- Publication Date:
- Publication Type:Final Rule
- Fed Register #:69:46986-46994
- Standard Number:
- Title:Controlled Negative Pressure REDON Fit Testing Protocol
Occupational Safety and Health Administration
29 CFR Part 1910
[Docket No. H-049D]
Controlled Negative Pressure REDON Fit Testing Protocol
AGENCY: Occupational Safety and Health Administration (OSHA), Department of Labor.
ACTION: Final rule.
SUMMARY: In this rulemaking, OSHA is approving an additional quantitative fit testing protocol, the controlled negative pressure (CNP) REDON fit testing protocol, for inclusion in Appendix A of its Respiratory Protection Standard. The protocol affects, in addition to general industry, OSHA respiratory protection standards for shipyard employment and construction. The Agency is adopting this protocol under the provisions contained in the Respiratory Protection Standard that allow individuals to submit evidence for including additional fit testing protocols in this standard.
The CNP REDON protocol requires the performance of three different test exercises followed by two redonnings of the respirator, while the CNP protocol approved previously by OSHA specifies eight test exercises, including one redonning of the respirator. In addition to amending the Standard to include the CNP REDON protocol, this rulemaking makes several editorial and non-substantive technical revisions to the Standard associated with the CNP REDON protocol and the previously approved CNP protocol.
DATES: The final rule becomes effective September 3, 2004.
ADDRESSES: In compliance with 28 U.S.C. 2212(a), the Agency designates the Associate Solicitor for Occupational Safety and Health, Office of the Solicitor, Room S-4004, U.S. Department of Labor, 200 Constitution Ave., NW, Washington, DC 20210, as the recipient of petitions for review of this rulemaking.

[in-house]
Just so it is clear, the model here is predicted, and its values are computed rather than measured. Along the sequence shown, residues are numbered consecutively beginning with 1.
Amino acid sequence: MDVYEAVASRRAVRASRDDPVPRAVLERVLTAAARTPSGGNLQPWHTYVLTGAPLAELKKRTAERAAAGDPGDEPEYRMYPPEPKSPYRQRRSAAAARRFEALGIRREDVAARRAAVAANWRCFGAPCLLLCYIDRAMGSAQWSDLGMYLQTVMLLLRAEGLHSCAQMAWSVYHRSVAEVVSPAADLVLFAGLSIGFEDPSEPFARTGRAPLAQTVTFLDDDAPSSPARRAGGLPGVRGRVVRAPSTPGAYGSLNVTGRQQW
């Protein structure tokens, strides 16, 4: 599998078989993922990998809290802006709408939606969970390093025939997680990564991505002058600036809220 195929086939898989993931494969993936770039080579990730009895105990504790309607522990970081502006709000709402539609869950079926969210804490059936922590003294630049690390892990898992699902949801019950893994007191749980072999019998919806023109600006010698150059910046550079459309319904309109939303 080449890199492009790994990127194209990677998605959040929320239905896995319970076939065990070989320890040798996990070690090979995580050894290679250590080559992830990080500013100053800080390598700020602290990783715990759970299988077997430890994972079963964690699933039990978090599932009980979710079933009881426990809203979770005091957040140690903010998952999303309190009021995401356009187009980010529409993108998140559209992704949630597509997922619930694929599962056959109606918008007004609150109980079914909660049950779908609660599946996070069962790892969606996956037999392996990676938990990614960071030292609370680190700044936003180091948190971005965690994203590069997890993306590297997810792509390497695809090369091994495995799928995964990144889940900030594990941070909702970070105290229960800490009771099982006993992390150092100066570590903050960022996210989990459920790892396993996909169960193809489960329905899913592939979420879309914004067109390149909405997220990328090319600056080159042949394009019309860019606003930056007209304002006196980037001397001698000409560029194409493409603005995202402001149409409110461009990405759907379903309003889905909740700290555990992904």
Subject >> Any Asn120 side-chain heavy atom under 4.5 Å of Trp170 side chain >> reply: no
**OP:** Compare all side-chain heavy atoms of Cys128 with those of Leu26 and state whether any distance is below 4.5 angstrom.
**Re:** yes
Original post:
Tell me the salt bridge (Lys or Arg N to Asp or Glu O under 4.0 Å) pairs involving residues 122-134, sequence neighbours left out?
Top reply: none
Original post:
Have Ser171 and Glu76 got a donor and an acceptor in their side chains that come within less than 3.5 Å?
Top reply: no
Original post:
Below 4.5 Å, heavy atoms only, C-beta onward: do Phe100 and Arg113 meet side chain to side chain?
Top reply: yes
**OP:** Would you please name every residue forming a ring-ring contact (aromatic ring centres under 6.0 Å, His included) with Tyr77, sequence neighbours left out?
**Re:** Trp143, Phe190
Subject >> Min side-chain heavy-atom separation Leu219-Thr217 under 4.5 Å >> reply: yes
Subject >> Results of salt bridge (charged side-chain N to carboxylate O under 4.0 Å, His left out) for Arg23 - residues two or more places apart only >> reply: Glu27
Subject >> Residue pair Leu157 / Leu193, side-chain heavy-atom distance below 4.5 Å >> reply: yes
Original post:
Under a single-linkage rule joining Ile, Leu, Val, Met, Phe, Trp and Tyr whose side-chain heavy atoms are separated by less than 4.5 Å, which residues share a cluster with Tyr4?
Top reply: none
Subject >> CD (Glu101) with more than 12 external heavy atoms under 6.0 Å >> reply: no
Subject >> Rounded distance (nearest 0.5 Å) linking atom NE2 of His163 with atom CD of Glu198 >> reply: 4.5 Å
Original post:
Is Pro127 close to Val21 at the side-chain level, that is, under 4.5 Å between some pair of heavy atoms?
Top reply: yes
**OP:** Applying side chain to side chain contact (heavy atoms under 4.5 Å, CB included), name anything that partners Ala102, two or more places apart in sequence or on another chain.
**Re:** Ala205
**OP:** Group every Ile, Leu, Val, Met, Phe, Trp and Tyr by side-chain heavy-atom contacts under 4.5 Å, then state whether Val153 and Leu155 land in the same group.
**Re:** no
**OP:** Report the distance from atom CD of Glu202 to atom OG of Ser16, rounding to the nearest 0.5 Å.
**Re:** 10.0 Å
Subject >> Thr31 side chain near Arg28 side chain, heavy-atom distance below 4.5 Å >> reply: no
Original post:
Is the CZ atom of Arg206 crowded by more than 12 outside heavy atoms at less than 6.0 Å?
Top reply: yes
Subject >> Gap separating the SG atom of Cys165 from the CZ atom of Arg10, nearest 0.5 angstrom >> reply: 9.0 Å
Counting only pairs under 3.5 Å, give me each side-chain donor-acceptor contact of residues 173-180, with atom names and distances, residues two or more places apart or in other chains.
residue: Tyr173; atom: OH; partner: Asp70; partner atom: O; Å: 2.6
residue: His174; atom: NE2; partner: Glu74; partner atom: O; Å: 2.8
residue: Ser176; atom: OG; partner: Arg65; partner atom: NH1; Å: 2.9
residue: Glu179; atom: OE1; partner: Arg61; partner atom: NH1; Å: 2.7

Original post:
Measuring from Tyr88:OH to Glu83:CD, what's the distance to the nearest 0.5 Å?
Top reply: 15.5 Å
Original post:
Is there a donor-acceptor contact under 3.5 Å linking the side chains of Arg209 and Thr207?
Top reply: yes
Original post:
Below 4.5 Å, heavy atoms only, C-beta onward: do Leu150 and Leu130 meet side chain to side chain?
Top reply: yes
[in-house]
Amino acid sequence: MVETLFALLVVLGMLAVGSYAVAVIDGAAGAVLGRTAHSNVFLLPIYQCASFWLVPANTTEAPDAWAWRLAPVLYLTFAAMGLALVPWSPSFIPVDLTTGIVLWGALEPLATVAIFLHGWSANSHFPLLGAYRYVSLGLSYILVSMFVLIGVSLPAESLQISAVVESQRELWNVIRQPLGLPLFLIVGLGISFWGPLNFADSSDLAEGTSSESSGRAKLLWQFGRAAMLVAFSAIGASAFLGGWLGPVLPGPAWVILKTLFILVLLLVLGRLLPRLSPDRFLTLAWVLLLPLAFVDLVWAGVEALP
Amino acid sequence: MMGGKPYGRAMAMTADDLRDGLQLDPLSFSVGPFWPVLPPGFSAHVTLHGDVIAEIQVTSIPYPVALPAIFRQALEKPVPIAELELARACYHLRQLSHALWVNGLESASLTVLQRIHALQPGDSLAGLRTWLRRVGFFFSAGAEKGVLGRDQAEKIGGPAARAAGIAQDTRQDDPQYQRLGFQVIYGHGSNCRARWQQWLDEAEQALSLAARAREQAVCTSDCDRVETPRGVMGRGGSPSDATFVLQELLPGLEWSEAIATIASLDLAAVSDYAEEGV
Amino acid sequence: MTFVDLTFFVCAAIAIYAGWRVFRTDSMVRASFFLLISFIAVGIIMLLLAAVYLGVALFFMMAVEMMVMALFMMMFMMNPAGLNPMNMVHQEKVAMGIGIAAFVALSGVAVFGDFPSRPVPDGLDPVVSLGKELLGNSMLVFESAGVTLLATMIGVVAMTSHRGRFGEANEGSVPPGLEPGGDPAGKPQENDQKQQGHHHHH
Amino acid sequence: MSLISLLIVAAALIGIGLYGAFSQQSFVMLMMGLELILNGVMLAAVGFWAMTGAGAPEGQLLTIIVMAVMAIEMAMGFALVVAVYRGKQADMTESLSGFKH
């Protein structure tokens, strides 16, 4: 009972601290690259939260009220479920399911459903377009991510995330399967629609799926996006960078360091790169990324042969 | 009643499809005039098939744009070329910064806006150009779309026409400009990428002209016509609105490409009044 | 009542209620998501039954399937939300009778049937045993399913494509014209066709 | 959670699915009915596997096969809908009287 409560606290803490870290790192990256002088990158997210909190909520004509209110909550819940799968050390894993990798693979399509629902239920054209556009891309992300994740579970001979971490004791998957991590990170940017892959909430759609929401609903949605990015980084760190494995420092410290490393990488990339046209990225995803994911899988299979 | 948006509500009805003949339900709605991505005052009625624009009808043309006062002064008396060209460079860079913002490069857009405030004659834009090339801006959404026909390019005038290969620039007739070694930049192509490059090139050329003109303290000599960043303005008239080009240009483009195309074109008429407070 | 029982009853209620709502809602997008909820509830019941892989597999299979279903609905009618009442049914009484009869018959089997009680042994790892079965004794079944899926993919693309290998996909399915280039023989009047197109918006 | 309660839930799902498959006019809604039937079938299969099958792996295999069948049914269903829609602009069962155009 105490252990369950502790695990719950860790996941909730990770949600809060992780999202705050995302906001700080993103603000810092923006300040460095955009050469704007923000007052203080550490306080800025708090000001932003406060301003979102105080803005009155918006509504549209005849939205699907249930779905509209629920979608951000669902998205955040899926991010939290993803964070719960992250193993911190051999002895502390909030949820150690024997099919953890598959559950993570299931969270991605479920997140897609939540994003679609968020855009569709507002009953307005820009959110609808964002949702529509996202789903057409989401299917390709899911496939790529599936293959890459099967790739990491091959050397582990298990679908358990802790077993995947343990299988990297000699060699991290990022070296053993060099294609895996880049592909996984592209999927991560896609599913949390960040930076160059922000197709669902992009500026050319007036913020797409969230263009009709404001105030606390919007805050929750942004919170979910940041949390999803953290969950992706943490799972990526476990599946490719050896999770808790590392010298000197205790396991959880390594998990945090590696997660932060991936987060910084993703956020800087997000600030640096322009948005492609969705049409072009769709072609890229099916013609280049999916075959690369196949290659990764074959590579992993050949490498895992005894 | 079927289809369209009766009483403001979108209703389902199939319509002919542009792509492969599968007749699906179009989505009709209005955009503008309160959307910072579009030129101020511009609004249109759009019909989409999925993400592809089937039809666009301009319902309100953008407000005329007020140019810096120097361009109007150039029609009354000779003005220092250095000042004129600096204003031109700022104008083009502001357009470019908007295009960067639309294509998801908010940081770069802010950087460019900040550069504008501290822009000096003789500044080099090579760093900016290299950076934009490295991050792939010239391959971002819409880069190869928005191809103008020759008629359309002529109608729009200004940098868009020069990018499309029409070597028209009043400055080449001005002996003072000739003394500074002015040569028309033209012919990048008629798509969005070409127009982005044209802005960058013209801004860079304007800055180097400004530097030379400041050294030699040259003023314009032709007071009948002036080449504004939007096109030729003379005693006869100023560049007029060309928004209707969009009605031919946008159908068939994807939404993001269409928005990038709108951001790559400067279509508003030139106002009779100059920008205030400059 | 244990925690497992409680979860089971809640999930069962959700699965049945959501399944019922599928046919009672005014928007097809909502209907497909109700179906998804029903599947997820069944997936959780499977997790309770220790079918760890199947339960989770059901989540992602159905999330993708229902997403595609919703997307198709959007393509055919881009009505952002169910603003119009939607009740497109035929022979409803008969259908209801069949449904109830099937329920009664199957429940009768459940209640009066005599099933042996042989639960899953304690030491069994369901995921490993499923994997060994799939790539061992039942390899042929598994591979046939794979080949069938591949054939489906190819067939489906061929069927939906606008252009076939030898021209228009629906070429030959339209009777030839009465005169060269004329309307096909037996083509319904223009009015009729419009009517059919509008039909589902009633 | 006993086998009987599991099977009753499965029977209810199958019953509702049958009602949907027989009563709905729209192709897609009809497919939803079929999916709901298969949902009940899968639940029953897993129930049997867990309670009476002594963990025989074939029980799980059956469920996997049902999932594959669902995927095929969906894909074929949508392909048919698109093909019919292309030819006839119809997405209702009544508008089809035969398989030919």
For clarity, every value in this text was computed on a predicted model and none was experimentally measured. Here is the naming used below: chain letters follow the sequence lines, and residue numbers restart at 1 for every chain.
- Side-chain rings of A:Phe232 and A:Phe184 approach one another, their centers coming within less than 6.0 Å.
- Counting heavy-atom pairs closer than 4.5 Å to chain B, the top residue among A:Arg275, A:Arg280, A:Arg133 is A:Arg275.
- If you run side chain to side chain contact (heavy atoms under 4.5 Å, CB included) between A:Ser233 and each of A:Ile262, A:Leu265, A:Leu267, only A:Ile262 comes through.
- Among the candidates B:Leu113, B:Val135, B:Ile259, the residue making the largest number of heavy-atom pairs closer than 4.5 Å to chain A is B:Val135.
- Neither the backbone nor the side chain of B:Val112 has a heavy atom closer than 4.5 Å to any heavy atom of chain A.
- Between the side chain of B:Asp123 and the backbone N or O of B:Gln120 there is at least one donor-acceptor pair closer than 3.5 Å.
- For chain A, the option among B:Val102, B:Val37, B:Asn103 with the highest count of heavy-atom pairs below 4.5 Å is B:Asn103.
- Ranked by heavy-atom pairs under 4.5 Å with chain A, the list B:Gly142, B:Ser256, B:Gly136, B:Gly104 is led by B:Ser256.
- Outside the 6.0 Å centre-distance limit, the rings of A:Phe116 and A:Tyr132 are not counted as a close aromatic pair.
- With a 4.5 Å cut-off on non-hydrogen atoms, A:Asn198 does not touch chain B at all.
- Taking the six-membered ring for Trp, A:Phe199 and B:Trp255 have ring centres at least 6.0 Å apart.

FOR FURTHER INFORMATION CONTACT: For technical inquiries, contact Mr. John E. Steelnack, Directorate of Standards and Guidance, Room N-3718, OSHA, U.S. Department of Labor, 200 Constitution Avenue, NW, Washington, DC 20210; telephone (202) 693-2289 or by facsimile (202) 693-1678. Copies of this Federal Register notice are available from the OSHA Office of Publications, Room N-3101, U.S. Department of Labor, 200 Constitution Avenue, NW, Washington DC 20210; telephone (202) 693-1888. For an electronic copy of this notice, go to OSHA's Web site (http://www.osha.gov), and select "Federal Register," "Date of Publication," and then "2004."
The Respiratory Protection Standard includes the following three quantitative fit testing protocols: Generated-aerosol; ambient-aerosol condensation nuclei counter; and controlled negative pressure (CNP). Part II of Appendix A of the Respiratory Protection Standard specifies, in part, the procedure individuals must follow to submit new fit testing protocols for the Agency's consideration. The criteria OSHA uses for determining whether to propose adding a fit testing protocol to the Respiratory Protection Standard include: (1) A test report prepared by an independent government research laboratory (e.g., Lawrence Livermore National Laboratory, Los Alamos National Laboratory, the National Institute for Standards and Technology) stating that the laboratory tested the protocol and found it to be accurate and reliable; or (2) an article published in a peer-reviewed industrial-hygiene journal describing the protocol, and explaining how test data support the accuracy and reliability of the protocol. When a protocol meets one of these criteria, the Agency conducts a notice-and-comment rulemaking under Section 6(b)(7) of the Occupational Safety and Health Act of 1970 (29 U.S.C. 655). As OSHA noted in the proposal, the CNP REDON protocol met the second of these criteria (68 FR 33887; June 6, 2003).